the end of the world; why, the crime would go up, and we were going to 
take guns away from law-abiding citizens. It was the awfullest squalling 
you ever heard. And we barely broke the filibuster in the Senate. And if 
Carol Moseley-Braun hadn't been representing Illinois in the Senate, we 
might not have 5 years of declining crime in the United States of 
America. That's a good reason to reelect her.
    And tomorrow, what about tomorrow? All elections are about the 
future. Arguably, if she did a good job, that's what you paid her to do. 
What about tomorrow? We have other challenges. Yes, our Democratic Party 
has led this country in getting the best economy in a generation, the 
lowest crime rate in 24 years, the biggest drop in welfare in history, 
while protecting the children of people on welfare with health care and 
nutrition and child care and support for people to go into the 
workplace. Yes, I'm proud of that. What about tomorrow? Tomorrow we have 
to give a commitment to educational excellence to every child in this 
country, and we have to have more cities doing what Chicago has done to 
overhaul their school system and stand for high standards.
    I presented a plan last year in the State of the Union Address to do 
what Carol Moseley-Braun first asked me to do, to try to provide some 
national help to the crumbling school buildings of this country. I was 
in Philadelphia the other day; the average school is 65 years old. I was 
in Akron today at one of our race townhall meetings; three different 
people said, please give us some help to make our schools places that 
our kids can be proud of, where learning can occur. We're going to get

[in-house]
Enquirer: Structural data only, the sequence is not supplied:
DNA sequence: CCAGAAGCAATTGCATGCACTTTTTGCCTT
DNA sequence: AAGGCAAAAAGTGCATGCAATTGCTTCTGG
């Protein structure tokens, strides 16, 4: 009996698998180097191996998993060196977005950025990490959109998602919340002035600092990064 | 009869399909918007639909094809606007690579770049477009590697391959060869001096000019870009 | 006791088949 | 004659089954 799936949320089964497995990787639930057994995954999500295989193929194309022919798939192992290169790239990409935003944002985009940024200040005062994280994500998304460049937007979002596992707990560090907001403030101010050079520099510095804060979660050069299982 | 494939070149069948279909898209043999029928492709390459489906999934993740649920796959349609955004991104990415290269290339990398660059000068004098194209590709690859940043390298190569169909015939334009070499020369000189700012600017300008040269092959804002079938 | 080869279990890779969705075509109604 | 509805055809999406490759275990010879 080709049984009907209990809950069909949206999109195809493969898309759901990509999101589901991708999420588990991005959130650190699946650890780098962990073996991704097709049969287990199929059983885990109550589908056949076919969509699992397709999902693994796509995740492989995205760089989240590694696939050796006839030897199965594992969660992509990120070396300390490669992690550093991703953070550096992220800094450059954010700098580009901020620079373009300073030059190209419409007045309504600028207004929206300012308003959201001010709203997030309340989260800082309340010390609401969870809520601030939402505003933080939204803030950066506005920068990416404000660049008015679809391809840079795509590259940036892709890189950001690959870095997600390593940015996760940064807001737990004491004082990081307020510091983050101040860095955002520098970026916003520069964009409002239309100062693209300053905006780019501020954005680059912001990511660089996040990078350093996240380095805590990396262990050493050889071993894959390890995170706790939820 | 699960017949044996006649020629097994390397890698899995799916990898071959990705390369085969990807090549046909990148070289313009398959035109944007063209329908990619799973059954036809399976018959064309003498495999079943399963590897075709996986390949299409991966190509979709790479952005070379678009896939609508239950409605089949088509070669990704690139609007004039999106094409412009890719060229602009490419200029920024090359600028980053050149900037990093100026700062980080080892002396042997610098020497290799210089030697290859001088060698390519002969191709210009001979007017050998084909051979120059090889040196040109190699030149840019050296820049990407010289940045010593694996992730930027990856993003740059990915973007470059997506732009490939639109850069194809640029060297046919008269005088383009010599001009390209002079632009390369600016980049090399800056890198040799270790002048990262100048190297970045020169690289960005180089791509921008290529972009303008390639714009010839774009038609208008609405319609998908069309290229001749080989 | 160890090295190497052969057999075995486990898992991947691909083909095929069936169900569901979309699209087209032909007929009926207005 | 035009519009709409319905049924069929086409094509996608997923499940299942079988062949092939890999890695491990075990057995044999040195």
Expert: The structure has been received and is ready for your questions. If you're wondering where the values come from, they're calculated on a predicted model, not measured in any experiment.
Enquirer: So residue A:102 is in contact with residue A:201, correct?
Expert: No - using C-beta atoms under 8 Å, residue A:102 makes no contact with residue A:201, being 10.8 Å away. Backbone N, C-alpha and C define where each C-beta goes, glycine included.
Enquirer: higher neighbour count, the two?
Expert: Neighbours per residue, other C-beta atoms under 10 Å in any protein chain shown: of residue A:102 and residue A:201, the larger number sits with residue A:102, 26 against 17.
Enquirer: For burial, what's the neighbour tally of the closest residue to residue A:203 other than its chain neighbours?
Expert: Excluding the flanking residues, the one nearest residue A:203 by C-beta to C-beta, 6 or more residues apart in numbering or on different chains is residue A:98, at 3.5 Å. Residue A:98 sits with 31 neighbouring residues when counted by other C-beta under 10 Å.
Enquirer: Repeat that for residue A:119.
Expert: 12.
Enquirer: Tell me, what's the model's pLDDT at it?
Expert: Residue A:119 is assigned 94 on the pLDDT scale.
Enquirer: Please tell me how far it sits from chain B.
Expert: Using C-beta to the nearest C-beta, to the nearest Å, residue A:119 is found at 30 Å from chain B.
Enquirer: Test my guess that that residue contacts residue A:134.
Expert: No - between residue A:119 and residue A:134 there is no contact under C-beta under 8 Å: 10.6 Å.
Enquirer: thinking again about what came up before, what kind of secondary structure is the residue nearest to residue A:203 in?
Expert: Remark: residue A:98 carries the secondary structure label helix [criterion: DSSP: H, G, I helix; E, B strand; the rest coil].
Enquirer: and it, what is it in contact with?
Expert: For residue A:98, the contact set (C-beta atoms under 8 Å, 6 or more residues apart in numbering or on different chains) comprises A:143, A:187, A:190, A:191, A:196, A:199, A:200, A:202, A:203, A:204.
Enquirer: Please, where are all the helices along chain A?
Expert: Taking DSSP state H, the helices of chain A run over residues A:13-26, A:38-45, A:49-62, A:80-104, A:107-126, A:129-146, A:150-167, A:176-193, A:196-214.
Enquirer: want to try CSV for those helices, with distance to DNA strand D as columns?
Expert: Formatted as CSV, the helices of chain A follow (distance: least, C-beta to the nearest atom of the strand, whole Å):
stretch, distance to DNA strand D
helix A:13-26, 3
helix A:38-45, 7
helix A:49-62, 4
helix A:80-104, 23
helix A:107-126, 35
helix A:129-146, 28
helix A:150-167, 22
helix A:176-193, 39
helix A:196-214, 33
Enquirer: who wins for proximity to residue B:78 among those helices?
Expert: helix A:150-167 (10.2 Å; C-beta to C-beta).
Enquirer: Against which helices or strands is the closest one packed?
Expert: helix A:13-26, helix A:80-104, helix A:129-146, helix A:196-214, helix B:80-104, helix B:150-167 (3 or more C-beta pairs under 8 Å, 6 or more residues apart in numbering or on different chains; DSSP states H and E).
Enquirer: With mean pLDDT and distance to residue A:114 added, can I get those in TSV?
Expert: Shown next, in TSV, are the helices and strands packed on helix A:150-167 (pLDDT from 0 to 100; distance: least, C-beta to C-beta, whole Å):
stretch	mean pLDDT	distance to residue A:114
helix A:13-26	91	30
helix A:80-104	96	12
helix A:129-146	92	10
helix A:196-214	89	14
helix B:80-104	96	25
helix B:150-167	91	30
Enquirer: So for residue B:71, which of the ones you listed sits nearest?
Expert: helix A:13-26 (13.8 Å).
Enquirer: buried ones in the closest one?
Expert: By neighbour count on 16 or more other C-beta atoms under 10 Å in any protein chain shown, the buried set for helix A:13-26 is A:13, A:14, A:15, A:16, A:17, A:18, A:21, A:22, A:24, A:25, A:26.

that done if Carol Moseley-Braun from Illinois is reelected, so the 
message is sent to the American Congress that the American people want 
education to be our top national domestic priority. So I want you to 
help her.
    And finally let me say, I owe a special debt of gratitude to the 
people of Illinois. When I started running for President, people said to 
me when I picked Al Gore in the summer of '92--one of my better 
decisions, I might add--when I picked Al Gore, I remember before--the 
first time we talked, I was the fifth best-known candidate in New 
Hampshire. Nobody knew who I was. And he and I met at the Tennessee 
Governor's mansion once. And this was before--much before I had offered 
him--nobody thought I was going to be the nominee, so I couldn't ask him 
to run with me. And he said, ``You know, I ran for President 4 years 
ago, and I had a problem. I did real well in the South, and I had no 
place to go. How are you going to be nominated?'' And I said, ``I have a 
one-word answer: Illinois.'' And he said, ``Why?'' And I said, ``Because 
Hillary is from Chicago and half the other people who live there were 
born in Arkansas, and I am going to win Illinois.''
    And you heard Gary talking about it--December of '91, or October of 
'91, I appeared before the Democratic chairs who were here. David 
Wilhelm from Chicago became my campaign manager, went to become chairman 
of our party. Many people from Illinois have come in and out of our 
administration. A lot of them are here today--Minyon Moore from Chicago, 
here with me today, who set up our race townhall meeting in Akron; and